Conflicting Interests and Structural Inflation: Turkey, 1980-1990
AbstractThe paper analyses the structural causes of the recent Turkish inflationary episode. It is argued that monetary policies based on credit tightening alone are not likely to yield the desired target of price stabilisation. Instead, it is hypothesised that the underlying sources of price inflation are affected by income inequality and conflicting claims on national output; and that excessive credit expansion serves mainly to accommodate the inertial inflation thereby originated in the real sector. Given this hypothesis, the paper employs a computable general equilibrium model to investigate four distinct sources of structural inflation for the Turkish economy: (i) the profit/rent inflation based on monopolistic mark-ups over prime costs; (ii) imported inflation due to the import-dependent structure of the domestic industry; (iii) cost-push and demand inflation due to urban wage claims; and (iv) inflation that results from the fiscal pressures of the government's budget deficits. The general equilibrium model is in the Keynesian tradition in determining the production level by aggregate demand constraints. Furthermore, it accommodates oligopolistic mark-up rules and working capital expenses for price determination, and nominal wage fixity to determine the level of employment. The general equilibrium analysis of the macro economy suggests that, over the analysed period, conflicting claims of various social classes on national output and conflicting rates of intersectoral accumulation warranted by competing producer groups have become important sources of disequilibria in the domestic economy; and that the distributional conflict among socio-economic classes had a direct impact on the formation of price movements.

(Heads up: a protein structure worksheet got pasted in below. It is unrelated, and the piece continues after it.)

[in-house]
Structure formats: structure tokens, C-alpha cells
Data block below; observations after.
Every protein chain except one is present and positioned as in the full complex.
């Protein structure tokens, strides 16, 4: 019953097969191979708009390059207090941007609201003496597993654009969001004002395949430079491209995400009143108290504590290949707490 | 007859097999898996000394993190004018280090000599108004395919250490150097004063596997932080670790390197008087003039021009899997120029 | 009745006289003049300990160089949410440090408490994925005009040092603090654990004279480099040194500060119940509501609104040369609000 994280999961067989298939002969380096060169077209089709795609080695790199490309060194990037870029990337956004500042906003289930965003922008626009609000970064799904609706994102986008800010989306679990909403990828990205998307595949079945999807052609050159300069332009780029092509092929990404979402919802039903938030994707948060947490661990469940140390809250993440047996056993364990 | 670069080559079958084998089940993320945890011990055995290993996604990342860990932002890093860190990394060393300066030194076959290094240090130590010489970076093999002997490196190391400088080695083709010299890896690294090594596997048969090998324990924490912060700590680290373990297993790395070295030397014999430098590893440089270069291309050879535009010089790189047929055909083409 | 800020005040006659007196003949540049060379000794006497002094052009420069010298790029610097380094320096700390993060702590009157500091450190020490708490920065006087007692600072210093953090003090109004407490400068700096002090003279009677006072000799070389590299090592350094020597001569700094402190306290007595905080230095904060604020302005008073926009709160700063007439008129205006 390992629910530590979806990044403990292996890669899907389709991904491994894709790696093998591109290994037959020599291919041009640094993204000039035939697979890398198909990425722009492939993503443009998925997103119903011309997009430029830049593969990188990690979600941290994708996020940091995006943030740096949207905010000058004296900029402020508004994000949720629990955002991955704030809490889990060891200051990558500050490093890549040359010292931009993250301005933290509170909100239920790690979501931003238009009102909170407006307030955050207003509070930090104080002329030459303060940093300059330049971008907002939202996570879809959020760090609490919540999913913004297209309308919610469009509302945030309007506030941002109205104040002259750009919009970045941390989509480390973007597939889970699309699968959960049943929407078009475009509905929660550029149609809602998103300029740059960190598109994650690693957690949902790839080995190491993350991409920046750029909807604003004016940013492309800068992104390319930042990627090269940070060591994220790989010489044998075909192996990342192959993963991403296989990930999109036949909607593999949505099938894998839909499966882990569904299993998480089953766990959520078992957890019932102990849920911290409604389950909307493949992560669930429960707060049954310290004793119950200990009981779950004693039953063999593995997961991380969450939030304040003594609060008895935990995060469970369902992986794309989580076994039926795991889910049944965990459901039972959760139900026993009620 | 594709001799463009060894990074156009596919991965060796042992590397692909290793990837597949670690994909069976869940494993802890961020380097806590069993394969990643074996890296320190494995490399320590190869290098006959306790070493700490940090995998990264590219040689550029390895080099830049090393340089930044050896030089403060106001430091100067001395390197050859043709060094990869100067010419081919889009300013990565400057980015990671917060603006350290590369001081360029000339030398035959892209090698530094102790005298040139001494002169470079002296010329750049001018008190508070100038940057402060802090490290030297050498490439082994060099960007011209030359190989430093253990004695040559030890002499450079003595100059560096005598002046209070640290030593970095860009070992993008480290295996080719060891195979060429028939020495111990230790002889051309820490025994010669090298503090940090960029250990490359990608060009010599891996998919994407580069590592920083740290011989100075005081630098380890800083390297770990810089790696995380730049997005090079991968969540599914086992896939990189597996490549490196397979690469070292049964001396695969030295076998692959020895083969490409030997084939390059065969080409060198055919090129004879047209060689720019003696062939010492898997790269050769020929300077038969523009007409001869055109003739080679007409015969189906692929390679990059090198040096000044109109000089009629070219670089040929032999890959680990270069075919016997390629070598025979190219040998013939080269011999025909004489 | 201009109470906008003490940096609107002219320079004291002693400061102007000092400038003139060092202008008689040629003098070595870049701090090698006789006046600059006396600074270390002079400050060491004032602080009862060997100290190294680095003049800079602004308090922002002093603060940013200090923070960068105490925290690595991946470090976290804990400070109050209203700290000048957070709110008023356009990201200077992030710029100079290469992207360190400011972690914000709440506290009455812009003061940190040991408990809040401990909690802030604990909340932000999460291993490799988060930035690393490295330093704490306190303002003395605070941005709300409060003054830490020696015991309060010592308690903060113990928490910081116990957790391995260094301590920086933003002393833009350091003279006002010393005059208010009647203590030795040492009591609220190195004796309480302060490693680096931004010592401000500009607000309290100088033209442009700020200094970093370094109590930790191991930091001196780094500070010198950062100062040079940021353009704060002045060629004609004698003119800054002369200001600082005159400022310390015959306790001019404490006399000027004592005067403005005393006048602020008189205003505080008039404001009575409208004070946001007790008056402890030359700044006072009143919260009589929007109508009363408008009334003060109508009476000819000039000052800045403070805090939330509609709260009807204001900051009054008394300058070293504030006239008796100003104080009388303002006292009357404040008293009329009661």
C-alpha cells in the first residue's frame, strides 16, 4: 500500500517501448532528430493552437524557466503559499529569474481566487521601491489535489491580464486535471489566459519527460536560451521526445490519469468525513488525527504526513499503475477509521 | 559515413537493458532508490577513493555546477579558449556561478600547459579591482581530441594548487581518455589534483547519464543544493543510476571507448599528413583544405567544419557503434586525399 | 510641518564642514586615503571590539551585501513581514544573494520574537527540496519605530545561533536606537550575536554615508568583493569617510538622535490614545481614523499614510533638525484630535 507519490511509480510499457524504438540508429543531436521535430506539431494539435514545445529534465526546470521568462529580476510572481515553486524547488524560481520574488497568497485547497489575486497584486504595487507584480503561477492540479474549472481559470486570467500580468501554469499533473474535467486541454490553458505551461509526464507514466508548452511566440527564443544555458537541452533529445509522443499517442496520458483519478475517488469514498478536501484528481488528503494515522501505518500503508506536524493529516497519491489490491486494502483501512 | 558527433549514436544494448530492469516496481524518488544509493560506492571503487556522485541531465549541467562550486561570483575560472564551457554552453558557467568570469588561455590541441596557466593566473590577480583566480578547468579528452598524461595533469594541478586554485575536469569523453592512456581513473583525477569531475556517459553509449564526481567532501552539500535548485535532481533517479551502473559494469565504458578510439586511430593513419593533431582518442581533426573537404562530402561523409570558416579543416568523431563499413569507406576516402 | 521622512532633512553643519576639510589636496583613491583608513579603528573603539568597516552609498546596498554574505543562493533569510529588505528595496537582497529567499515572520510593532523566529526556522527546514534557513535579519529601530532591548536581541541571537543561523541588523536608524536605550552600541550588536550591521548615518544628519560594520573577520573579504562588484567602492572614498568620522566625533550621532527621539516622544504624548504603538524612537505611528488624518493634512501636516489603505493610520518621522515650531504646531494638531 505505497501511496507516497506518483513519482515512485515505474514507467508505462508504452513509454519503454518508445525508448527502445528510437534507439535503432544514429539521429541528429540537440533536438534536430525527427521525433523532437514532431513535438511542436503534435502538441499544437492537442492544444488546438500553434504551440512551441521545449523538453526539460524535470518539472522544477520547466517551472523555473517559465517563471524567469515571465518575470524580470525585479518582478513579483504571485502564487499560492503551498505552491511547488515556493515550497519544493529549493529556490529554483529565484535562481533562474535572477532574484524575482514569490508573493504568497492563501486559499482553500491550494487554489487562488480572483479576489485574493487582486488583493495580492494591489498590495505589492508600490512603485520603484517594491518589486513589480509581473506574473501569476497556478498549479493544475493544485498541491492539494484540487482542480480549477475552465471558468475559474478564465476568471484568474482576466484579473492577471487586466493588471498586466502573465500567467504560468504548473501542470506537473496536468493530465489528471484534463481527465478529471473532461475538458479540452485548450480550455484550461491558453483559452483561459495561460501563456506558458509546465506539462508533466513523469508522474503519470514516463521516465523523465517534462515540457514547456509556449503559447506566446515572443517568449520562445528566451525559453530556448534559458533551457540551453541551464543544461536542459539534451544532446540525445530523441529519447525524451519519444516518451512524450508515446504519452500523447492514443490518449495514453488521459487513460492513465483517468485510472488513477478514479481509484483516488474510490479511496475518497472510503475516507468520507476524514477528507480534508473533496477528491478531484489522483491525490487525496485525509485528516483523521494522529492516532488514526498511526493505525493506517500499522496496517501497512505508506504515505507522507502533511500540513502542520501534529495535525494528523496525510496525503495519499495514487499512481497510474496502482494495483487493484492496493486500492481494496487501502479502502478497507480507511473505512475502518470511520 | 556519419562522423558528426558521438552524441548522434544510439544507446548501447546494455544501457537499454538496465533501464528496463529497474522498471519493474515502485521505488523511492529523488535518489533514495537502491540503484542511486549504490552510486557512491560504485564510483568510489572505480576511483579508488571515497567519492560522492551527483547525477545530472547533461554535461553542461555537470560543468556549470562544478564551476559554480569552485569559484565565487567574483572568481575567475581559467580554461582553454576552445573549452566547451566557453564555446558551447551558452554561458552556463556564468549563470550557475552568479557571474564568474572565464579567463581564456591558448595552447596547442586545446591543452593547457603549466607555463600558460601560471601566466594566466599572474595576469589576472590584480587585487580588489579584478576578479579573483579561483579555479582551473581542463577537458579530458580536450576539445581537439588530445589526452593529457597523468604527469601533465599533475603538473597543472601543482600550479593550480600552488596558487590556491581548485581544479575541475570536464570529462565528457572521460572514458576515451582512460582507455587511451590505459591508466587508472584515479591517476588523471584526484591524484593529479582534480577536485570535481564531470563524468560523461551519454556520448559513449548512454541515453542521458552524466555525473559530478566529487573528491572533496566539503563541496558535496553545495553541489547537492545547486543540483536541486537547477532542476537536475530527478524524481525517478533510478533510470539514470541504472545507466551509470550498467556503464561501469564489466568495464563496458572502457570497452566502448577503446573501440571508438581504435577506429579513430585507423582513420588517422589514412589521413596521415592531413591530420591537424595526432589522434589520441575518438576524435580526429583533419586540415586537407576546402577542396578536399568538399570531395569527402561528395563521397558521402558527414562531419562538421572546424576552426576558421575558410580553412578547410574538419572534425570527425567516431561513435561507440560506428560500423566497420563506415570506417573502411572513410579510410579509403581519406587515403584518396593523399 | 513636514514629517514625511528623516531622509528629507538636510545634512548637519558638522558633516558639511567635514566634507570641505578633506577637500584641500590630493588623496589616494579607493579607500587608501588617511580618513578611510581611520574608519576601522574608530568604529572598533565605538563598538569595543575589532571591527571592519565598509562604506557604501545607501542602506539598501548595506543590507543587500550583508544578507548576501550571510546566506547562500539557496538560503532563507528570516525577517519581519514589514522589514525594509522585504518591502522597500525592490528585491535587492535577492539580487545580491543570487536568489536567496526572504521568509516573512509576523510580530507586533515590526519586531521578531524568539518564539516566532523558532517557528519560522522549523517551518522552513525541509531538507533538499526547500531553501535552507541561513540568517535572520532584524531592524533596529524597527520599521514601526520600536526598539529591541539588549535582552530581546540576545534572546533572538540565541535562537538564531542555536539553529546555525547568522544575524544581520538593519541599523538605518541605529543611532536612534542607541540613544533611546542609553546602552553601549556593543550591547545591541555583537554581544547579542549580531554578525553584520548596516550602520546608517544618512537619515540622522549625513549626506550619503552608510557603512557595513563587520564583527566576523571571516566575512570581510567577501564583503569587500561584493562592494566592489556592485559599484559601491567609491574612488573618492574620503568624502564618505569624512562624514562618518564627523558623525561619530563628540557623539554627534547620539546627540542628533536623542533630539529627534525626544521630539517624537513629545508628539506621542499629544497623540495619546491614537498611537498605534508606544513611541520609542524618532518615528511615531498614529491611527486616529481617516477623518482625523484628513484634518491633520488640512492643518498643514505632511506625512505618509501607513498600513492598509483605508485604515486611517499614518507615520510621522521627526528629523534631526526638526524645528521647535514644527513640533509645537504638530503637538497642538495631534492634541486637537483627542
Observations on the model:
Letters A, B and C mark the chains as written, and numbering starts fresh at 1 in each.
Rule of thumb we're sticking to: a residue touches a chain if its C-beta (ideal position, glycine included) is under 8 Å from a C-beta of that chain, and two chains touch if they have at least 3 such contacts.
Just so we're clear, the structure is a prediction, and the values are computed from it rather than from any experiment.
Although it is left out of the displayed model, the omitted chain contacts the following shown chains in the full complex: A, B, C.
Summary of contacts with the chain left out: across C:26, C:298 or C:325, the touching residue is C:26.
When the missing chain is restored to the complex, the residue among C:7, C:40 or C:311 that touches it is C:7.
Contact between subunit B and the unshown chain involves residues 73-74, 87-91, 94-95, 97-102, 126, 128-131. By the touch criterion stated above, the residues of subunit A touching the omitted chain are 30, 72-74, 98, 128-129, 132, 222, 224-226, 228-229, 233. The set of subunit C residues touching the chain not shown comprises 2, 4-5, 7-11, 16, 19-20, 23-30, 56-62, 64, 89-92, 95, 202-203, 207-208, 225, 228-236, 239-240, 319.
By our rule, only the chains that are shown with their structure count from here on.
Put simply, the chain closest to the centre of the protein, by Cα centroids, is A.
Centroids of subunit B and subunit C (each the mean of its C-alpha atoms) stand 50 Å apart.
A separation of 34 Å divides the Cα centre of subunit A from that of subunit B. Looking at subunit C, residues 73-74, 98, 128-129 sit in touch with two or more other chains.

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Bibliographic InfoArticle provided by Pakistan Institute of Development Economics in its journal The Pakistan Development Review.
Volume (Year): 32 (1993)
Issue (Month): 3 ()
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